Wednesday, February 10, 2016

The Goofy Challenge Aftermath

Allow me to begin by apologizing. I left you all hanging after posting my brother's account of being swept and the somewhat controversial things we found out from that experience. It has generated some great conversation and I loved everyone's input on the matter. Shortly after posting however, I left for Phoenix on business and didn't answer all of your comments which I traditionally do. The issue has been corrected.

After all the feedback, I think I can say two things: 1) A race, and the medal you might or might not get, means different things to different people. It's great that we all have very defined positions on what we would do, but we have to be ready for the inevitable fact that not everybody thinks the same way. We don't have to agree but at least we have to understand that we won't agree on everything. 2) Having said that, the whole "sign up and run knowing you are not gonna finish" debacle really rubs "traditional" runners the wrong way and I include myself in that group. It's kind of hard to swallow but again, it goes back to what it means to us. But, to each their own I guess. See thing #1.

So, concluding that and after some hard work and great sushi in Phoenix...

My wife was telling me about how fast time flies. Here we are, on the other side of the Goofy Challenge with 3 more medals hanging on my lonely nail on the wall (I should do something about that). It seems like yesterday when I decided to do this and the Challenge was literally a year away. Now it's done.

So what do I take from this? Aside from three beautiful medals of course:

The Freaking Cut-Off Point
I hope all my fellow back-of-the-packers that read this are paying attention. You CAN make it to Disney's Hollywood Studios and be swept afterwards. Yes, there are no more "public" roads once you enter the park but you do have to pass through the main entrance to enter the path towards The Yacht and Beach Clubs and right before that path is the DHS parking lot. Cars park there. So do buses. Like the ones that pick people up. Disney is not only looking to open back the roads, they also want the parks to run normally. By the time we make it to DHS and Epcot, the parks are open with restricted traffic where we are running. Disney wants to end that as quickly as possible so any stray people running behind the Balloon Ladies get picked up in the Hollywood Studio's parking lot. Period.

Let's put it this way: If you make it to the Yacht Club, THEN you are truly safe. Hope this helps.

Running is not a contact sport...
Yet somehow, I ended up really beat up from this. The soreness is expected. In fact, I recovered much faster this time around compared to my first marathon. I'm talking about actual bruising. Here's the tally: I have a cut right under my chest plate from the heart rate monitor. That had never happened before with my current HRM but apparently if you wear it long enough... felt really nice when I took it off and took a shower too. It also cut me right under my right arm. Also there was the knee of course, which I could not bend the day after the marathon. I ended up with a nasty bruise in the back of the knee because of the brace I wore (it was the first time wearing it) and I'm pretty sure I broke something in my foot. I'm not sure what but most of my limping after the race was due to my foot hurting, not the knee. Since it's the right foot (same as the knee) I'm pretty sure I did something to it trying to protect the knee during the Challenge. The pain is mostly gone now, though I still feel it a little.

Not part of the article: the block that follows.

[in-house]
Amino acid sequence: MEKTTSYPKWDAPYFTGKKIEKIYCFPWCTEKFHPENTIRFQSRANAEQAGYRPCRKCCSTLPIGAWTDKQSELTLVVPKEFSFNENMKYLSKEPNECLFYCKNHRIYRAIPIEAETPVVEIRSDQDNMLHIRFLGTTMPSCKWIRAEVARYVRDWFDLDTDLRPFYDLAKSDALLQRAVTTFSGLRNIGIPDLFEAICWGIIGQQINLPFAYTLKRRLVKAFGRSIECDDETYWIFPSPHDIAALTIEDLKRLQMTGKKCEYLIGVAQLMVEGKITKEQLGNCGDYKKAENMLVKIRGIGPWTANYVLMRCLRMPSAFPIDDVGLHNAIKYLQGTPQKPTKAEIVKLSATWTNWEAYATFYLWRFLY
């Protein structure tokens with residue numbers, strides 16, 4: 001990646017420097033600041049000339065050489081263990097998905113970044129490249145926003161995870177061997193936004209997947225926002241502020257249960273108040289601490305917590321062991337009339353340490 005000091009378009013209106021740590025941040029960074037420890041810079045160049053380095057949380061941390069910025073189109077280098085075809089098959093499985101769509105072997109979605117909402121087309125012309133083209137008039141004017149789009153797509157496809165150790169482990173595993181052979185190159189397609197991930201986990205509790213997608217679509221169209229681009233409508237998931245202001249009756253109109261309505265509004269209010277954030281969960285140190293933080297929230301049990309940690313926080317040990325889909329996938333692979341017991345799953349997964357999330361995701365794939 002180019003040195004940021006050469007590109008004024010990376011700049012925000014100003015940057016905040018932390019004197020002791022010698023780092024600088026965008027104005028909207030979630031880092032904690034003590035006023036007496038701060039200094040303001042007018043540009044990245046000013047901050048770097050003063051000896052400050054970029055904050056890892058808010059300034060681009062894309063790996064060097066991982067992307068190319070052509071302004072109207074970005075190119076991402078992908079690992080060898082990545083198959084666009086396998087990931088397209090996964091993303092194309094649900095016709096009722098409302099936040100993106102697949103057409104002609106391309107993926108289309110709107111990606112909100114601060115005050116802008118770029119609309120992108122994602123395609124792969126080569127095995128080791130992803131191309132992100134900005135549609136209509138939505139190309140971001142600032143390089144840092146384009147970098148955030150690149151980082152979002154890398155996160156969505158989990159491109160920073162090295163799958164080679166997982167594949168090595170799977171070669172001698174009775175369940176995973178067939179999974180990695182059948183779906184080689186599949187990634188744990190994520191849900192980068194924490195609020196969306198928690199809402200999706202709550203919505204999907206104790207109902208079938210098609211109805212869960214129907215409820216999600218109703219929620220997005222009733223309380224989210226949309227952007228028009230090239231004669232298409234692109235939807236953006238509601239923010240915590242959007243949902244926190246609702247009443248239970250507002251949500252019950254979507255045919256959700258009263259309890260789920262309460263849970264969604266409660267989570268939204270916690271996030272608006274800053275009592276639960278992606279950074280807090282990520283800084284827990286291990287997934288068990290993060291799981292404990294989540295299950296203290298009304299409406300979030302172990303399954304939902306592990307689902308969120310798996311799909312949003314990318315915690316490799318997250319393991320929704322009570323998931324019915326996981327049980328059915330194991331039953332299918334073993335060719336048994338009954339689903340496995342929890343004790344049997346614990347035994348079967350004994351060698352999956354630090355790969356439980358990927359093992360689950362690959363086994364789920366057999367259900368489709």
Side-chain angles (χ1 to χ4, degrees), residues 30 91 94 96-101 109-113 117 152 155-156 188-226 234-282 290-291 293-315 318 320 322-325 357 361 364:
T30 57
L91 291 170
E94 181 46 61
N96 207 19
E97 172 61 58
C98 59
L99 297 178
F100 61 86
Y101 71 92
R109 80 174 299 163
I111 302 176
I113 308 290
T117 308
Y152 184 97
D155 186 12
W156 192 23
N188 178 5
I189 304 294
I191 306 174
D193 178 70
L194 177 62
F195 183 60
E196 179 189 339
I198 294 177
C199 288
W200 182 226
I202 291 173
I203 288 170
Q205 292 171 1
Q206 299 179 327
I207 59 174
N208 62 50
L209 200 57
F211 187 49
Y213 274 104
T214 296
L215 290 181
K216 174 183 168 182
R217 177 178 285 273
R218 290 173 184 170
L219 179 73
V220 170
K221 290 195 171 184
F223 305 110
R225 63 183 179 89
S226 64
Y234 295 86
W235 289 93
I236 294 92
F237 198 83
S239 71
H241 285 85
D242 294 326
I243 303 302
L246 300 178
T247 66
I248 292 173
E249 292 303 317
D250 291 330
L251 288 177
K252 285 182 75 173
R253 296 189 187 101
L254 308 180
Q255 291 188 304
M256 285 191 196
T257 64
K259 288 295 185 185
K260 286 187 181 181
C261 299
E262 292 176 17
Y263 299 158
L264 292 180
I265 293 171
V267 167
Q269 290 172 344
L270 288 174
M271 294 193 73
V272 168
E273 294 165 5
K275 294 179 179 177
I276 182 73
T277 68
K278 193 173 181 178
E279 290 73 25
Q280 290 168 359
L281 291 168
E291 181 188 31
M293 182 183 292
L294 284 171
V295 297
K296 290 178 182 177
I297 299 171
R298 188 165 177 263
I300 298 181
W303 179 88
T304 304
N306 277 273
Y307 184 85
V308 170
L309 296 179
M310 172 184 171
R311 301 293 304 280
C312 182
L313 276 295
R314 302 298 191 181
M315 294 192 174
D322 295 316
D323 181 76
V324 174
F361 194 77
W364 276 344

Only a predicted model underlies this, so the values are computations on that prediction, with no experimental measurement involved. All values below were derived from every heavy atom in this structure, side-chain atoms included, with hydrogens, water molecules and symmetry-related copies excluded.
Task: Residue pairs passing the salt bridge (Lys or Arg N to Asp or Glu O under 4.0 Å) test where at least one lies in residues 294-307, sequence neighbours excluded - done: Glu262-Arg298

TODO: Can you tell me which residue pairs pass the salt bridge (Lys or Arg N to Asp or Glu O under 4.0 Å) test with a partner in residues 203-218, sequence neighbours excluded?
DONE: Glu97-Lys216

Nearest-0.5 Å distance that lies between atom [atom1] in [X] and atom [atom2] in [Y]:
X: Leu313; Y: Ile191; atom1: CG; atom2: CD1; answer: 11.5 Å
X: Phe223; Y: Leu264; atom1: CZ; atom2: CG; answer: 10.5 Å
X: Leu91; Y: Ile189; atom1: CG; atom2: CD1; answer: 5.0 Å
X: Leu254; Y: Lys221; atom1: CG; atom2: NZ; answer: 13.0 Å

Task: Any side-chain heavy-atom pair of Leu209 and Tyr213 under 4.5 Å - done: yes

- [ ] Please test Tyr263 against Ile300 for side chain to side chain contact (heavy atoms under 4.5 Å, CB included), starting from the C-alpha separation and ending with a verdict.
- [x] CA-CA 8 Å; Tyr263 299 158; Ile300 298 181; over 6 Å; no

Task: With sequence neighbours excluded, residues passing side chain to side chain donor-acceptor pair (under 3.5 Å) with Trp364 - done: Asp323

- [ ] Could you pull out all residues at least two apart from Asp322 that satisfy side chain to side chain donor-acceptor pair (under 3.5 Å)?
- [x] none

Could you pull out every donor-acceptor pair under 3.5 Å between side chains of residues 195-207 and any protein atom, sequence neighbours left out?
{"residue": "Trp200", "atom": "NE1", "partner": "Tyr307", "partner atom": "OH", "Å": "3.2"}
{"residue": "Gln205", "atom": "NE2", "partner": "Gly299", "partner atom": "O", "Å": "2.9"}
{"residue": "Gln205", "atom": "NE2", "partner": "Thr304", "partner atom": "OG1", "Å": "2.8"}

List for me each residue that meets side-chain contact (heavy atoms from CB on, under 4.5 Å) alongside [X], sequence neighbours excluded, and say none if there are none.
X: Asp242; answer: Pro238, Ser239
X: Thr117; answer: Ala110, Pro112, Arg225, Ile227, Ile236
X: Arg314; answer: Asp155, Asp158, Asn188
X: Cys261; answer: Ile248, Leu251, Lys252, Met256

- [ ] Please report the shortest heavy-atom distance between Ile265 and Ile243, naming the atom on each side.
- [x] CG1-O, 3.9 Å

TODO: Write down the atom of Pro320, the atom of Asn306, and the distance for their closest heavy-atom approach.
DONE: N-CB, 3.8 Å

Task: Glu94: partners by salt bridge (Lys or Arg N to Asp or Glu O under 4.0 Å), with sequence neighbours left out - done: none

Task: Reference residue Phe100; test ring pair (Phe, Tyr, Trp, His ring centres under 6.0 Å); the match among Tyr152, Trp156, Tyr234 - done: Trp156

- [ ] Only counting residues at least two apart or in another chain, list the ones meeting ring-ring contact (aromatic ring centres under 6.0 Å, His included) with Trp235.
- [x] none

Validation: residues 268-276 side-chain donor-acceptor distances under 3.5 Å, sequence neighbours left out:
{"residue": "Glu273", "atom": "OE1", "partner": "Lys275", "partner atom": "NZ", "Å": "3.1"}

Where I'm At
Running a marathon or a challenge like this one, tends to put runners in one of two frames of mind: Those who want to do it again or at least who would consider doing it again, and those who are content with that one time and they are done. They keep running but are perfectly happy running 5K's or Half Marathons or whatever distance they feel comfortable. There really is no wrong answer. Running a marathon does not a runner make. Much less a challenge like Goofy.

For me, there was not much thinking needed but I was kind of surprised with my conclusion. Amidst all the pain and soreness, I knew I would want to do it again. Another marathon for sure and most probably another challenge.

I was under-trained and I was injured. That made the whole thing a bit unpleasant and emotionally draining but I pulled it off. Many people would understandably think: "I never want to go through that again." Totally logical train of thought. But my brain is not wired like that. My train of thought was: "Imagine how much better I can do the next time." Yes, it's hard. Yes, I was in pain, but I also had a great time. I can have an even greater time under better conditions.

In fact, having done the Goofy Challenge, I can now totally understand the appeal of the Dopey Challenge. It is totally doable and not as insane as I thought it was. Now, I'm not saying that I'm doing the Dopey Challenge, but I'm also not saying that I wouldn't do it either. We will see... I'm suddenly reminded of women in labor. Not that running a marathon compares to that. Not even close. But I've been often told that for all the agony women go through when delivering a baby, it seems they forget about it or subconsciously decide not to think about it. After all, most women decide to go through with it a second time and sometimes even more than that.

Maybe runners are like that. We block out the agony and only choose to remember the good parts.